I feel very blessed and damn lucky to have gained that recognition for my work. It was somewhat intimidating to sit down and write again after that book.   I was intimidated by trying to write what I thought would be just as good as Leadbelly.   But the fact is that I was tripping myself up by thinking that way. I was stopping myself; defeating myself before I even hit the page. I slowly realized that the thing I have to do is to write the thing that seems honest and right for me, and not to try to live up to the expectations of the last book or poem.  I might not ever write anything as 'successful' as Leadbelly again, but the most important thing is that I take Toni Morrison's advice and write the book that I most want to see in the world, and that I write it the best way I know how.   That I take the risk to make to tell that story or paint that picture in the most interesting and personally challenging way I can imagine.   
 
It also took a while to get rid of Leadbelly's voice in my head. For a while it was impossible to write without channeling him in everything I wrote.  That is one of the reasons I turned to form. Form allows me a structure within which to reexamine the way I tell a story.   Form allowed me a space to adopt a more formal voice and to work against and within that space.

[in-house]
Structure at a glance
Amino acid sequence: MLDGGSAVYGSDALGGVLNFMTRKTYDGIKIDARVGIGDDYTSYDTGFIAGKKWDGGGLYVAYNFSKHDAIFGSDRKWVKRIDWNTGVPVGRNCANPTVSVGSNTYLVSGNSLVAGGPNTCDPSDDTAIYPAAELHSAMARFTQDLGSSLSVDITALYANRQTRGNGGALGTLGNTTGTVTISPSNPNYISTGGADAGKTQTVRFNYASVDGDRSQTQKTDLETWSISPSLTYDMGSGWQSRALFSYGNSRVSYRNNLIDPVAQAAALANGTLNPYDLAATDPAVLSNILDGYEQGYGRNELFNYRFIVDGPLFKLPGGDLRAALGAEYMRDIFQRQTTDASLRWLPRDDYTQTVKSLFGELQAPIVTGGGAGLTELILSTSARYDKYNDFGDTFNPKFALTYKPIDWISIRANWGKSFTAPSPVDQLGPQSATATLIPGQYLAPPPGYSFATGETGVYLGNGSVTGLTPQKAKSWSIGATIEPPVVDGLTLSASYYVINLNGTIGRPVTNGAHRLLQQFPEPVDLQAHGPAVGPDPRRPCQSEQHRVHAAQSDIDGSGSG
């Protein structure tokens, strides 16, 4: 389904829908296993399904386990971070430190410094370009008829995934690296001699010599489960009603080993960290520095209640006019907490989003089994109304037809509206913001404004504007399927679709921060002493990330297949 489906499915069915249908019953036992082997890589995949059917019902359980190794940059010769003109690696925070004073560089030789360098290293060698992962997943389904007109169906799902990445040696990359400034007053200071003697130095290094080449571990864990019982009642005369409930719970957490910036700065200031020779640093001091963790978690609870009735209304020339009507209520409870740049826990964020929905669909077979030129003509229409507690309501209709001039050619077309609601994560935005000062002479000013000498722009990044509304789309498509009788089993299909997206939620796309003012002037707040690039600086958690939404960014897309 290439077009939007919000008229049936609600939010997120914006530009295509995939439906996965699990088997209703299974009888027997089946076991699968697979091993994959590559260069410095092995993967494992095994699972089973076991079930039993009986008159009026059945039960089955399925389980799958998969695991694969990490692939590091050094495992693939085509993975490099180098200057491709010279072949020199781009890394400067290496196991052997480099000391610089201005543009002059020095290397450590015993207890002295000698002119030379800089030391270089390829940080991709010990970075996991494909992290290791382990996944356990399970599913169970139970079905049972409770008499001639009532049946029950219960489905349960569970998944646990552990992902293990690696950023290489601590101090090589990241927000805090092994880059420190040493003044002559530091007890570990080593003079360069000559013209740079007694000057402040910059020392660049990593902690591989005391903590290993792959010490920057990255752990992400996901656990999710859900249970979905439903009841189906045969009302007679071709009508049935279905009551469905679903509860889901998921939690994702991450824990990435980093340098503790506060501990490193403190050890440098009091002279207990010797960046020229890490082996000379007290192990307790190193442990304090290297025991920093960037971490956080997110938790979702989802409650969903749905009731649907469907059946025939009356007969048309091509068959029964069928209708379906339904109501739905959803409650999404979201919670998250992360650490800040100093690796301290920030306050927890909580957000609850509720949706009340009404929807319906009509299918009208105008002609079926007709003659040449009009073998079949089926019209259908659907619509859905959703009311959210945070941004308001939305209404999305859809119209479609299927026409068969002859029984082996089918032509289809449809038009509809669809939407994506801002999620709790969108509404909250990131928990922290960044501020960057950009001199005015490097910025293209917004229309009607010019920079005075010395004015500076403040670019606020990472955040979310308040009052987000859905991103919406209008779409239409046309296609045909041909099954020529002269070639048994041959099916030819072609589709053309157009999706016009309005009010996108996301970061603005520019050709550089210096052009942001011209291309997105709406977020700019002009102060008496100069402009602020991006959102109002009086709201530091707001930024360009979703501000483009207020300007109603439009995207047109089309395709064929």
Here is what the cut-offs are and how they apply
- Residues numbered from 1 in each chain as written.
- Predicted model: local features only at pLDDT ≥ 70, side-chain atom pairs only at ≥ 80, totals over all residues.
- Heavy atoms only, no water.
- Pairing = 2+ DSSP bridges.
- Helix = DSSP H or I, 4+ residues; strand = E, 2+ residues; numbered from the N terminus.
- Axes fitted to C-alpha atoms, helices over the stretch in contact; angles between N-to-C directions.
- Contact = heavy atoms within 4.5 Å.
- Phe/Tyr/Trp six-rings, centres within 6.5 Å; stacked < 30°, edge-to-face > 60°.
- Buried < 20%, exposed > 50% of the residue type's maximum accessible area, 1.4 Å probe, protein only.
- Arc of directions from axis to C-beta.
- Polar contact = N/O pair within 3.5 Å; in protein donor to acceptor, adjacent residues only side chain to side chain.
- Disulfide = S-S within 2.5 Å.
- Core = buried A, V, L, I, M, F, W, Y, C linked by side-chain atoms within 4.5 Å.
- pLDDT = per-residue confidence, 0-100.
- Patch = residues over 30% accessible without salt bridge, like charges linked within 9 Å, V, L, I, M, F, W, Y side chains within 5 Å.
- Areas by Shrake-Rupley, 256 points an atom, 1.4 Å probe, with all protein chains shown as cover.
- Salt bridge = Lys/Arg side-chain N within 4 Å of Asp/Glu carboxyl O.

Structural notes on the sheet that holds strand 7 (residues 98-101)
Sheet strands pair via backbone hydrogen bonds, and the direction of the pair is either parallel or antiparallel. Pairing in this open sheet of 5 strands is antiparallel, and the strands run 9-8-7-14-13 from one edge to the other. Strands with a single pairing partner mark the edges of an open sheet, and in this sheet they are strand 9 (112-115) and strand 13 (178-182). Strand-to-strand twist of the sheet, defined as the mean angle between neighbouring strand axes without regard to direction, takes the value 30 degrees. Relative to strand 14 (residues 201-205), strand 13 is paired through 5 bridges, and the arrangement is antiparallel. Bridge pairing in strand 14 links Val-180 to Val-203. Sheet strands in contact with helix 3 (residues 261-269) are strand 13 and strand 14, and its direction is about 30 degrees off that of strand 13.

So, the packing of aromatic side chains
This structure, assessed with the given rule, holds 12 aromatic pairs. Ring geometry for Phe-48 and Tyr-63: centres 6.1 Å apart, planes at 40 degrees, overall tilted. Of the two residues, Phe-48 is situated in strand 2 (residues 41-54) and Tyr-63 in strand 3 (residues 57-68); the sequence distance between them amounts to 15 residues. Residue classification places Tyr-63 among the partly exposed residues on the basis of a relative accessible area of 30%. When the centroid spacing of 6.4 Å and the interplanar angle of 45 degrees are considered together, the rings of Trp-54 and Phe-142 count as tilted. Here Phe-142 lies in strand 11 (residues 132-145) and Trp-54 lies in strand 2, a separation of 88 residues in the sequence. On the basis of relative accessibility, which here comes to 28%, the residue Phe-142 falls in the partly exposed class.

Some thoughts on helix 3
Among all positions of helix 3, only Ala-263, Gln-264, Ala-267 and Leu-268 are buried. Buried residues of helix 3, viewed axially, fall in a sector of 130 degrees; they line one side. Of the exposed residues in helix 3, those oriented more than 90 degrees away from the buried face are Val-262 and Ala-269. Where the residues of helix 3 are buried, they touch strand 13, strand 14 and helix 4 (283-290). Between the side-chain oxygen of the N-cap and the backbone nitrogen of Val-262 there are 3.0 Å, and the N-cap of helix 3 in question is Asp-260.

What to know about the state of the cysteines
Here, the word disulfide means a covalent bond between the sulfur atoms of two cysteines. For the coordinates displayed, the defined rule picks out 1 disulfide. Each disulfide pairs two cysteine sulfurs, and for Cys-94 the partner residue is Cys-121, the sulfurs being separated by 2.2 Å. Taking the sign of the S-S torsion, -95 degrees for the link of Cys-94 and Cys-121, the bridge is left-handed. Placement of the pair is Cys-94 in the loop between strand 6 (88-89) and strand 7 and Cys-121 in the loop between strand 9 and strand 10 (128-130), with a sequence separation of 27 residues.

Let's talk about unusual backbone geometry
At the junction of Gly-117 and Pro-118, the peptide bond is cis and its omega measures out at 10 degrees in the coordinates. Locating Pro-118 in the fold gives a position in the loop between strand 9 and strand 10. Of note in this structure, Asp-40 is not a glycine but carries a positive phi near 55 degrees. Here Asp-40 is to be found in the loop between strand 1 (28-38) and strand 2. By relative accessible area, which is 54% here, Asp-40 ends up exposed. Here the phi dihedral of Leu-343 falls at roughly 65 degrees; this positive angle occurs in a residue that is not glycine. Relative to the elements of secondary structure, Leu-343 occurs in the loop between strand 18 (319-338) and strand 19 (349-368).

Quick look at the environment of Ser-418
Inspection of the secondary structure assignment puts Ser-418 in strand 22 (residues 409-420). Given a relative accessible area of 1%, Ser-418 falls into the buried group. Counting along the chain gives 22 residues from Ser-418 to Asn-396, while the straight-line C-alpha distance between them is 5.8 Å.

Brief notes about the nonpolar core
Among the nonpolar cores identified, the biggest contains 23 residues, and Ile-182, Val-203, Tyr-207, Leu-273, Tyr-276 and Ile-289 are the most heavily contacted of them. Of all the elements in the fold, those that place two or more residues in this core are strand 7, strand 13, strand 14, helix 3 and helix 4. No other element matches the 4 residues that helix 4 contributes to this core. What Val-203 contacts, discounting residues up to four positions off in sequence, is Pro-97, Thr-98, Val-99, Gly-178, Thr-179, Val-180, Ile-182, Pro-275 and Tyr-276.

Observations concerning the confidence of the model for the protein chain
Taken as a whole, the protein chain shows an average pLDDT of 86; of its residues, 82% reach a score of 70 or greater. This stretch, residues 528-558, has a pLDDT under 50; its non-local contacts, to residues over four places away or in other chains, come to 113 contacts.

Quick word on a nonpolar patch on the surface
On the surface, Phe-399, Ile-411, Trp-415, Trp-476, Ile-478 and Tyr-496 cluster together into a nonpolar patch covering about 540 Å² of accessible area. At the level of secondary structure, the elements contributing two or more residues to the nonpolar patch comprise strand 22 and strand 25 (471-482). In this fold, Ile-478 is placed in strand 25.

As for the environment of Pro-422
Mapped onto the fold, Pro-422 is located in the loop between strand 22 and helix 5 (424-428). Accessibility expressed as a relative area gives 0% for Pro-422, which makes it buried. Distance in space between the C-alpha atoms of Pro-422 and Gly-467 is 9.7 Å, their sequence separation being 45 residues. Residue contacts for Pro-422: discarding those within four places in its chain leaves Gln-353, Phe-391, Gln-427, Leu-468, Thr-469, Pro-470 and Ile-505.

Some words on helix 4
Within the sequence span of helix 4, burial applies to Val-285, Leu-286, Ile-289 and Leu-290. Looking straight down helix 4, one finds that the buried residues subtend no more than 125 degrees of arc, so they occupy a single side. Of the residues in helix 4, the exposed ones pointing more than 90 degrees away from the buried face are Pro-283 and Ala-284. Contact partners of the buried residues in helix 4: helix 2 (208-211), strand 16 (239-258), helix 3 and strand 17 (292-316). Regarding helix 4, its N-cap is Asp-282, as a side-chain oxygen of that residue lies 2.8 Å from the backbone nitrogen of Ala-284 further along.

You have served as Chicago’s Poetry Ambassador to Accra, Ghana.  Can you tell us about that experience and how it came about?
 
I won the Sister City Poetry Contest back in 1994 in the city of Chicago.  They sent me to Accra, Ghana and I got a chance to travel all around the country and read for the mayor of Accra.  Visiting Cape Coast Castle was a profound experience; I got to stand literally in the doorway of the Atlantic slave holocaust, the Maafa.   I was shaken to the core. 
 
I also got to visit the final resting places of Kwame Nkrumah and W.E.B. Dubois.  The people there were so warm and generous - I was fortunate enough to return in 2008 for the Pan African Literary Festival engineered by a great friend and fantastic writer, Jeffrey Renard Allen.   It was like another homecoming.   I hope to go back again soon.
 
 
You are a well-respected performance poet as well as one who has gained the great respect of theacademic community.  Can you tell us about this marriage of page and stage?
 
I spent a lot of time at open mics and slams in my early years in Chicago.  I learned a lot from poets like Patricia Smith, Regie Gibson, and one of the most under-appreciated forces in poetry today, Marc Smith, founder of the National Poetry Slam. Without Marc's genius vision of bringing poetry to ordinary people in a way they could appreciate, participate in, and be moved by, the movement of Slam poetry and the work of all those who have risen from and through it might never have happened.  Or at least it would have happened in a very different way.